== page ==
There has been a lot of talk on the Blogs, Facebook, and Twitter recently about what not to do when belly dancing. What is considered acceptable and what is not? For most of us, these are things that we learned from our very first instructor or perhaps from other teachers and dancers along the way. There are also those things that we may personally choose not to do. The list can encompass your on and off stage routines.
Since the no-no’s are subjective, I won’t lay down the “rules” as though I am some overarching bellydance authority. I can however, give you my personal list of belly dance no-nos.
Here is my top 4:
1.Do NOT wear a sheer skirt with only undergarments- One would think that this would be an obvious one but it is not. It is compounded when the undergarments chosen are fluorescent in color and the skirt is dark. Always take into account lighting as your skirt may not seem sheer from the front but when the stage lights hit it, it does. This can also happen with back lighting from a band.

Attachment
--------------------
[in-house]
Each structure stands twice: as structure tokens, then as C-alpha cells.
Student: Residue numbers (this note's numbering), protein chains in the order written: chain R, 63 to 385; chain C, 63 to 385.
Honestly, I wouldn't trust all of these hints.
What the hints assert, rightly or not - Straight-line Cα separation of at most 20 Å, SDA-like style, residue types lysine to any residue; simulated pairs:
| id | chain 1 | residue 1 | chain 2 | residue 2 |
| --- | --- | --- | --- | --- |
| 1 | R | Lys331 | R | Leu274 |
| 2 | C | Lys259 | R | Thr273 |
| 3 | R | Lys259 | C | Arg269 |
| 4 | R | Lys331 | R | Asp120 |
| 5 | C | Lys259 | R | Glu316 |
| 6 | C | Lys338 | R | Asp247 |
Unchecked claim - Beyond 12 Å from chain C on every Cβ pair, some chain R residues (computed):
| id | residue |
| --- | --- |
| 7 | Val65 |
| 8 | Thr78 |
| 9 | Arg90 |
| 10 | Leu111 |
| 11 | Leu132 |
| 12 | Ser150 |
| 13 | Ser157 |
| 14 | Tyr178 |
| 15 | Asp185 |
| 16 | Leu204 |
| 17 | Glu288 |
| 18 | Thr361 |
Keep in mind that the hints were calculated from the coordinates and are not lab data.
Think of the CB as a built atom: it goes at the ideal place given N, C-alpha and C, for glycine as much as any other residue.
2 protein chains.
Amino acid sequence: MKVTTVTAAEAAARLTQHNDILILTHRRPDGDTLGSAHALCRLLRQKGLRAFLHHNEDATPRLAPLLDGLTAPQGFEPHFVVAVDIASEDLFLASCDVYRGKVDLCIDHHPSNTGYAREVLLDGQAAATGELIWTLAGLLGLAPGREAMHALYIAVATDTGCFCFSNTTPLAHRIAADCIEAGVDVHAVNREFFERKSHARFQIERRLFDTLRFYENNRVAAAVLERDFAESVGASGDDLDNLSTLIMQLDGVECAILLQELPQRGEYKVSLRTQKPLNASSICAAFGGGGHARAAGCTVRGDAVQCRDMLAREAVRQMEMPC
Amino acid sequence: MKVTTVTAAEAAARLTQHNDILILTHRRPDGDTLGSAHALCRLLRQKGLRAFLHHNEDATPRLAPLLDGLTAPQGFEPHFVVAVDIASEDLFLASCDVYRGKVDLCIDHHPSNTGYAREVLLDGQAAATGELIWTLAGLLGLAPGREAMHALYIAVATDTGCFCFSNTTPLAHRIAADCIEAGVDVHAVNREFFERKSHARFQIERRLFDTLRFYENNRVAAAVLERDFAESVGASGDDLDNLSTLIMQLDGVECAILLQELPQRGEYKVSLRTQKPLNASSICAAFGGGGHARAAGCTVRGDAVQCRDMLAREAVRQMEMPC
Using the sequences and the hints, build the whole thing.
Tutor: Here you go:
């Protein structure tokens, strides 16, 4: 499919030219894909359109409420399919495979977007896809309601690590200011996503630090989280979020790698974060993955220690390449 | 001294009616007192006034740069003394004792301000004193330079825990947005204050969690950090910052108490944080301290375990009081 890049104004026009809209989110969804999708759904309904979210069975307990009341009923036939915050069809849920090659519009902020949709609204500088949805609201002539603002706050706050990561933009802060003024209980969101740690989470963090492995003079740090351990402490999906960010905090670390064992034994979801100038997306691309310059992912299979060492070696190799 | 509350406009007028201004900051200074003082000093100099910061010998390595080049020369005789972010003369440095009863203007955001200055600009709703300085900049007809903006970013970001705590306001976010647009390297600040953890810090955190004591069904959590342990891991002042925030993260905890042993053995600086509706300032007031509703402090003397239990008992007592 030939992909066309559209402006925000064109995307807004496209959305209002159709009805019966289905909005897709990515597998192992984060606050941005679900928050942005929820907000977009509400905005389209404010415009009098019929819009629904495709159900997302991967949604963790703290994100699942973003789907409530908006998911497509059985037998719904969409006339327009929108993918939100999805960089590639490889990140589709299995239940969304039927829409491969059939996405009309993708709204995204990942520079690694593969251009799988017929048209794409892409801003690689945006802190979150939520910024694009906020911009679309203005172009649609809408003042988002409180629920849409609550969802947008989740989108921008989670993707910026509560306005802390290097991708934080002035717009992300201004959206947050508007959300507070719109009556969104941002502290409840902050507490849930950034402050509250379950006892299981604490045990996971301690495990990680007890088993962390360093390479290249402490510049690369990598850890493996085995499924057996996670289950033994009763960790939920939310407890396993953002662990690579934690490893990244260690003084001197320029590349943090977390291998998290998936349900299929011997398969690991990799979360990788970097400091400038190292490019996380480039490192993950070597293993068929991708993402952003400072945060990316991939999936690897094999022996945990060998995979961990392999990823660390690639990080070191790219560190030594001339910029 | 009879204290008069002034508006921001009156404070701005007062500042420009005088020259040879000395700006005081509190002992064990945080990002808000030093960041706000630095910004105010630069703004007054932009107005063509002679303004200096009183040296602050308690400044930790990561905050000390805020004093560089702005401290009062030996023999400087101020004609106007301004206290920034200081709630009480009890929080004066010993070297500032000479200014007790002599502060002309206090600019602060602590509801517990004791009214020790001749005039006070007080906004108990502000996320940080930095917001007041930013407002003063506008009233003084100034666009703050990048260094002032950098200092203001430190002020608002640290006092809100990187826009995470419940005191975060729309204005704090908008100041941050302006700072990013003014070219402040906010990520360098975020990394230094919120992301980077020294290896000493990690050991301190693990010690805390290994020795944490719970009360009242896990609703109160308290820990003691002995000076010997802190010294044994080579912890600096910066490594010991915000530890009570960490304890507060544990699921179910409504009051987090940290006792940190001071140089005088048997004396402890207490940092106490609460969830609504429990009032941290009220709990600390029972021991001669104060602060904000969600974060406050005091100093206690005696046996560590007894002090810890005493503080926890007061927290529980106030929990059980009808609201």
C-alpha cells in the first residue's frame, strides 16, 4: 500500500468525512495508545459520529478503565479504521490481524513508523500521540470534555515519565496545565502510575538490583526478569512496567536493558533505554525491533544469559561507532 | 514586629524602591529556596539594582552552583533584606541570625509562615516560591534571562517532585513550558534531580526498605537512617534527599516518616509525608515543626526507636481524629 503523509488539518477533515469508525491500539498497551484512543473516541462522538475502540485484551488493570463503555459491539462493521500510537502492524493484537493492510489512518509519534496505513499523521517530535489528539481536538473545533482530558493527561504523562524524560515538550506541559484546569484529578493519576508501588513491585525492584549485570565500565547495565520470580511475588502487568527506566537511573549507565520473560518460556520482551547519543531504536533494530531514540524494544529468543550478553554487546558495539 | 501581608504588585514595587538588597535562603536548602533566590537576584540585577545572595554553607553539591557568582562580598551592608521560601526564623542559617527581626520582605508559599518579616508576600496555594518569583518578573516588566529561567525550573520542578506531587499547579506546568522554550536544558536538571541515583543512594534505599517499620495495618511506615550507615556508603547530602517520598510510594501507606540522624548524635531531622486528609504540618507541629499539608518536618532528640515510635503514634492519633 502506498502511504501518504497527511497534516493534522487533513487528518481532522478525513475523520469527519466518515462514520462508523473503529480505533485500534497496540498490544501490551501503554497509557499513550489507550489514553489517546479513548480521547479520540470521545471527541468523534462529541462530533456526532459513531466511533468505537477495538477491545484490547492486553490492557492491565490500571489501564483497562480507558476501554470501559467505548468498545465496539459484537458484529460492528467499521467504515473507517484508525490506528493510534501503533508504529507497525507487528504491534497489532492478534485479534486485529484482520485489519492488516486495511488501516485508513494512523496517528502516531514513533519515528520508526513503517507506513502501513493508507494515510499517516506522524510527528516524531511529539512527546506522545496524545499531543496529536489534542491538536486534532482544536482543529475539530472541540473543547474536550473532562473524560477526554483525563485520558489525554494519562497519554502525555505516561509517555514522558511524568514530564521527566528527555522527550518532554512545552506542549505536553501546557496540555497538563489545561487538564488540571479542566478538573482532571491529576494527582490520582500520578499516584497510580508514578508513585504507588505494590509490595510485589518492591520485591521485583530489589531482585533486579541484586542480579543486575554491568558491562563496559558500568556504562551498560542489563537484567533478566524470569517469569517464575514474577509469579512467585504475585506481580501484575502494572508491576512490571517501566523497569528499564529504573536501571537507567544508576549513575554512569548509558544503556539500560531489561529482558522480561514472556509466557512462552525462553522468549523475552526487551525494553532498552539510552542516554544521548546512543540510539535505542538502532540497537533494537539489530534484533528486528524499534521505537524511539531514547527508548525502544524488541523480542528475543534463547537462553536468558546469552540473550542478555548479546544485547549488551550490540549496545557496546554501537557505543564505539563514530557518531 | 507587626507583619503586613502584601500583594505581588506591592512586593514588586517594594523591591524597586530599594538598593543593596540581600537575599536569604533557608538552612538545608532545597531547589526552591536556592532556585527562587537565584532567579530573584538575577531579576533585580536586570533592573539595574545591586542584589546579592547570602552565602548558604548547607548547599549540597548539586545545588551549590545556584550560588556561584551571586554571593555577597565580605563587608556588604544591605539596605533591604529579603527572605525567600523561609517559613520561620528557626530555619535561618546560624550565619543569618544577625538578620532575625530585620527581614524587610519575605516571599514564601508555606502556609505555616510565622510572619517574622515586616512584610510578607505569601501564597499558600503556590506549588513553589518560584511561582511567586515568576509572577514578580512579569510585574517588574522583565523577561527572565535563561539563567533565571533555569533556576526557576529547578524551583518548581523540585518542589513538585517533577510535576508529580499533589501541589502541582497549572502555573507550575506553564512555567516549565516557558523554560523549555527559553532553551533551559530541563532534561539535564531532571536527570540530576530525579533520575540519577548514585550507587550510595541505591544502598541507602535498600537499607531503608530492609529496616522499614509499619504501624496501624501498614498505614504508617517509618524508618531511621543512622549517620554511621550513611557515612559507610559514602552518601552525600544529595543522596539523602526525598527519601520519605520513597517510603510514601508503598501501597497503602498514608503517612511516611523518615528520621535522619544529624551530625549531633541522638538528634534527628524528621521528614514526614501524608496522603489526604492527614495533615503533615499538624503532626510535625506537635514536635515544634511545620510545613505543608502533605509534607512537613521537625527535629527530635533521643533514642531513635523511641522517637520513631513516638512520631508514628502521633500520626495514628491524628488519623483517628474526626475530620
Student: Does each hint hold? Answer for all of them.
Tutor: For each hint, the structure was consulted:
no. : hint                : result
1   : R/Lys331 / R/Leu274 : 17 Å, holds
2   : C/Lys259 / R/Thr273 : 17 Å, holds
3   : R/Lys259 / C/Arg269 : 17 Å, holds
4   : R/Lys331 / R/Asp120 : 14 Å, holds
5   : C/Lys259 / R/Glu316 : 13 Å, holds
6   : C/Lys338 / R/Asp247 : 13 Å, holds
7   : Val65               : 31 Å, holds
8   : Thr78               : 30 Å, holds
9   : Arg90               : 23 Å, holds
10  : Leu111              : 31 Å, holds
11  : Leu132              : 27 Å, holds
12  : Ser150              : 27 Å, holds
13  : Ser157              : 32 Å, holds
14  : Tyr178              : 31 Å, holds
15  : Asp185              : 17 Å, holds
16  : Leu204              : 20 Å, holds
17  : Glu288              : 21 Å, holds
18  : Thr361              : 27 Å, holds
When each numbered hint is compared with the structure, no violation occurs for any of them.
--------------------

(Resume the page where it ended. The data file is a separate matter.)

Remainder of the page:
2. Do NOT do a backbend/Turkish drop with your front towards the audience- Again this seems self-explanatory but sadly, it is not. There may be some instances where the audience is all around you and it isn’t possible to not face them. In that case, try to choose the area of the audience where you would least offend. You can’t account for every angle or every costuming malfunction. You may THINK you are covered but there is always that chance that you are not. Think of it this way, would you want that in your face?
3. Do NOT go commando- I know that a lot of Egyptian costumes are coming out with underwear built in and that’s great. BUT think of the resale scenario- would you want a costume that someone wore that way? Also, if the skirt should happen to fall while you are performing, everyone is going to see what you don’t want them to see. There is nothing helping to hold the skirt up AND nothing left behind (pardon the pun) when it falls down. I do not apply this rule to the matching boy shorts- those are more stable and can be removed and washed independent of the costume.
4. Do NOT walk around without a cover-up on- Why are you taking away the specialness of your costume? If you walk around with your full costume on without covering it up then you are showing the audience your full look before you get on stage. Not wearing a cover-up takes away the surprise, shock and awe factor. To me, it also decreases the art form in relation to others. I have never seen a prima ballerina walking around before or after a show in her full costume. Perhaps thinking of it that way will help comprehension.
I hope that these tips have helped you and perhaps made you laugh! Feel free to comment with your own tips and bellydance no-nos. I look forward to hearing (reading) what you think- please share!